MAS/SN: Provided we receive funding to continue our work in the region, we have already identified various areas where engagement with the local communities is possible. We would first like to have more people from the DGA working on the project. Second, we are devising a programme of outreach activities aimed at raising awareness about the local cultural heritage and the dangers threatening it. One of the aims of the programme is to organise a touring exhibition about the Bekaa valley, its history and archaeological sites. The EAMENA project has already successfully organised a similar exhibition with funding from the British Council’s Cultural Protection Fund (CPF): the exhibition can now be seen online at this link. In addition to the exhibition, we are working on the development of a set of activities for students as knowledge of the landscape and cultural heritage should be built from a young age. Finally, we have already seen some positive outcomes in tourism development as more locals are developing tourist offerings, especially in areas where archaeological sites have been promoted and are open to the public.

CBRL: Looking forward, how do you see the project developing?

MAS/SN: We hope that, with the end of the restrictions to travel imposed by the global pandemic, it will be possible to carry out physical surveys of many of the sites mentioned by Marfoe.

We are now approaching the end of the first phase of the project which included: data collection; updating of the information available so far; and digitisation of the material collected through traditional survey methodologies and stored in Durham.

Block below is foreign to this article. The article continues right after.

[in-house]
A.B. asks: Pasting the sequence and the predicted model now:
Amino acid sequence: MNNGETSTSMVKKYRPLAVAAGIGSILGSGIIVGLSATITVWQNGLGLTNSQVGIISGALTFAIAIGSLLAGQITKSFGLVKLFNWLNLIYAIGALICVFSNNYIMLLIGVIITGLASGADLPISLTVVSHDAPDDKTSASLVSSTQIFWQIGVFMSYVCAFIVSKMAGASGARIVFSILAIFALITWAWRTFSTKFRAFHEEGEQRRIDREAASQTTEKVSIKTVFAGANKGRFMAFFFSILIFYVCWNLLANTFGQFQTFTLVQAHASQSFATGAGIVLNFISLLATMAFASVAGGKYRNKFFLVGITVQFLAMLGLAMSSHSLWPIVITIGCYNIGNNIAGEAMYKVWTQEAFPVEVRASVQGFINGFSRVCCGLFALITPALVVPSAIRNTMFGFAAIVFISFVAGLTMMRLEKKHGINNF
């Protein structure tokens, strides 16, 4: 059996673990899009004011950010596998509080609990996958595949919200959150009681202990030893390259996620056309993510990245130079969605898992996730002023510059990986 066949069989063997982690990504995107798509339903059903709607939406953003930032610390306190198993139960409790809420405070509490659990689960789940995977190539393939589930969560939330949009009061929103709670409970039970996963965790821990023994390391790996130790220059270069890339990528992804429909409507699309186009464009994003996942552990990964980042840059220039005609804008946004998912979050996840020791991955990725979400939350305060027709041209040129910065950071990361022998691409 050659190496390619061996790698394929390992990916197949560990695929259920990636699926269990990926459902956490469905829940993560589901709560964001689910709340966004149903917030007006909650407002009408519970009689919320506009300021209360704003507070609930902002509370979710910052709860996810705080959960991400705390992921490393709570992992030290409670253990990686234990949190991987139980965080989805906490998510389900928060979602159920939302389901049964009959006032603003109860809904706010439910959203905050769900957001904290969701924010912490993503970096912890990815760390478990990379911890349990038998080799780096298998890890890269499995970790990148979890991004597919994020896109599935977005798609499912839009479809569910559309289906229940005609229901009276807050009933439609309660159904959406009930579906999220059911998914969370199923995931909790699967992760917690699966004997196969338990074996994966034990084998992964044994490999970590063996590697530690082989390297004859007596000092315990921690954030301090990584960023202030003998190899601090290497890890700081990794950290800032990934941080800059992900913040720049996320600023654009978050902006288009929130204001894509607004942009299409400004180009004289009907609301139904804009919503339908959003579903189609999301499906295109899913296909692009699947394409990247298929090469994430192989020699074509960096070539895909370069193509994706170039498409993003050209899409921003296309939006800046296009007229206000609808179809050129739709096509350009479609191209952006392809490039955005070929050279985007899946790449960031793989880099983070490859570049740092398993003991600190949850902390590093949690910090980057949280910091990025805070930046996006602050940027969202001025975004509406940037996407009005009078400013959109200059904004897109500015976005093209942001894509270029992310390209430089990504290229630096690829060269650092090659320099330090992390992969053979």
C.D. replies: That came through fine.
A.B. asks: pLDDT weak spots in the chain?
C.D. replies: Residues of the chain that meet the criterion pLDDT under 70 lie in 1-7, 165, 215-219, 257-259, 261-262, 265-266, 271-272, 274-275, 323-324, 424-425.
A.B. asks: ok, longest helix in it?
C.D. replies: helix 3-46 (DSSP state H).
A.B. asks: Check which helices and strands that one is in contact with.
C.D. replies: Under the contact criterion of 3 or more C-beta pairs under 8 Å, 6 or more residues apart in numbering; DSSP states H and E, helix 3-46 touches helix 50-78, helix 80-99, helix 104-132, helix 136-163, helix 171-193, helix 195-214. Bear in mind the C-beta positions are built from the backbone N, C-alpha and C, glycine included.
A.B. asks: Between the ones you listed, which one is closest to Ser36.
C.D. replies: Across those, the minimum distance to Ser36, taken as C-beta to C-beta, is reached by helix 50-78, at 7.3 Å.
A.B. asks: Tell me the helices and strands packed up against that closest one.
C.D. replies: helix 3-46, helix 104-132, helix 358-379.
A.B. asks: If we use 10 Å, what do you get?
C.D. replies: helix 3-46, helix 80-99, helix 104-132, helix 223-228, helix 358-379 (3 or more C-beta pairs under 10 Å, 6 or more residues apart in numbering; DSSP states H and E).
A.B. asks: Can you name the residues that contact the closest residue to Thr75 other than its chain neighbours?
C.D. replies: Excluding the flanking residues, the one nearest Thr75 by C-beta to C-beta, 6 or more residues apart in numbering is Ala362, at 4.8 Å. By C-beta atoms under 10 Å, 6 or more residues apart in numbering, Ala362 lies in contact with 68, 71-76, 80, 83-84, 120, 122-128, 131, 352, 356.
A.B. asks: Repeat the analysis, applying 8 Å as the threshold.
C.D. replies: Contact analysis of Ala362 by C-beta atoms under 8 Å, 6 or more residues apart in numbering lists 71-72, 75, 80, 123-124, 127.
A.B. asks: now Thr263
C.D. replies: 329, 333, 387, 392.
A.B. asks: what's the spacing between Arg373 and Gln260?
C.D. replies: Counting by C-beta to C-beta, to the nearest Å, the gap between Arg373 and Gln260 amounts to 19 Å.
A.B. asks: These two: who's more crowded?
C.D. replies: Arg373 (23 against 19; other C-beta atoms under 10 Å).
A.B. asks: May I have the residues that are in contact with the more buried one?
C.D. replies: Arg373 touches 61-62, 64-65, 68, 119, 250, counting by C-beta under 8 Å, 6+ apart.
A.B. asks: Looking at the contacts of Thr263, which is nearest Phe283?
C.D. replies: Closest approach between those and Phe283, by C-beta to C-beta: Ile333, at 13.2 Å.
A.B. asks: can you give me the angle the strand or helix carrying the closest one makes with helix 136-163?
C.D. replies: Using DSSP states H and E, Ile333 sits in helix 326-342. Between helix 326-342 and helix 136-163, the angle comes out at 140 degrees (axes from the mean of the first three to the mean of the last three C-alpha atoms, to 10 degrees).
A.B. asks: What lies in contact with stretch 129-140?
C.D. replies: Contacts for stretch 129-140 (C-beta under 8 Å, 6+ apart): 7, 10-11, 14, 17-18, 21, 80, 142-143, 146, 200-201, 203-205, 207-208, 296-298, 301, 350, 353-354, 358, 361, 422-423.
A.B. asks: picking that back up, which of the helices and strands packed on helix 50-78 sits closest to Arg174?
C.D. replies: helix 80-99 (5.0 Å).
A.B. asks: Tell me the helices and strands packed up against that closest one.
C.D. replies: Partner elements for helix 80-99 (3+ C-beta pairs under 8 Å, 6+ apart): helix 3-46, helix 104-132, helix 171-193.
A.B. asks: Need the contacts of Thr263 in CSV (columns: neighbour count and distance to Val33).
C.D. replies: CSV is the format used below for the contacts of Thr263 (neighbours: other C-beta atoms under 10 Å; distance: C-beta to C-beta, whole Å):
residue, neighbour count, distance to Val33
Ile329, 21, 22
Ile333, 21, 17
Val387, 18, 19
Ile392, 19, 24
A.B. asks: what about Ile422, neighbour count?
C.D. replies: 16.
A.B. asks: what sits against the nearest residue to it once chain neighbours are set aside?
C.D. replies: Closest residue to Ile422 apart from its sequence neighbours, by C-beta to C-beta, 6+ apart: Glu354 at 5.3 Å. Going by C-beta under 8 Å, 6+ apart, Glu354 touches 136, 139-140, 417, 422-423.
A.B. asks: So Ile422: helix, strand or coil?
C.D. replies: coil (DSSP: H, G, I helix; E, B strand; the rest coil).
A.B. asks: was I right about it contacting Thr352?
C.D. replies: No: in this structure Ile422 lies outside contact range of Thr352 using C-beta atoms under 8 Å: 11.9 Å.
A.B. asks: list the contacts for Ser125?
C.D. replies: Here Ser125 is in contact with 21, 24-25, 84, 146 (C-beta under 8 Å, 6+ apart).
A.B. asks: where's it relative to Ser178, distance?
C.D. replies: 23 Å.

The next phase, which we hope we will be able to start soon, is the analysis of the mass of data that has been collated into a database. Mouhamad will make full use of the training received from the EAMENA and Nahrein Network to feed the information to GIS and produce thematic maps and statistical analysis that will help policymakers draft new policies for the preservation of the Bekaa valley cultural heritage.

CBRL: A last question to Mouhamad: How did COVID impact your work and your experience with the Nahrein Network?

MAS: Under normal circumstances, I would have taken up an in-person scholarship. However, due to COVID, this was not possible and almost all the activities, including the GIS training I received, have been carried out remotely. It has been difficult to work online as you greatly miss the benefits of the in-person interaction with colleagues. In particular, the hardest part was the online training not only for the limitations in the interactions but especially because of the problems to the internet and electrical infrastructure in Lebanon which caused additional struggles. I was however able to conduct limited part of the planned survey in person, which was extremely interesting and helped to understand better the data I was working with. I look forward to the time when it will be possible to freely travel again and finally meet the colleagues I have been working with from far away.



Mouhamad Abdel Sater and Dr Sayantani Neogi would like to thank the Nahrein Network on behalf of the EAMENA project team and the Department of Archaeology at Durham University for giving the opportunity to Mouhamad to work on this project. Thanks too to CBRL for facilitating Mouhamad’s Visiting Scholarship.



Marfoe, L., Between Qadesh and Kumidi – a history of border settlement and land use in BIQAꜤ, Lebanon. PhD dissertation, University of Chicago, 1978

Marfoe, L., The integrative transformation: Patterns of sociopolitical organisation in southern Syria. BASOR 234, 1979, 1-425

Marfoe, L., Kāmid el-Lōz 13. The Prehistoric and Early Historic Context of the Site: Catalog and Commentary. SBZA Band 41. Bonn: Rudolf Habelt, 1995

Marfoe L., Kāmid el-Lōz 14. Settlement History of the Biqāʻ up to the Iron Age. SBZA Band 53. Bonn: Rudolf Habelt, 1998

The views expressed by our authors on the CBRL blog are not necessarily endorsed by CBRL, but are commended as contributing to public debate.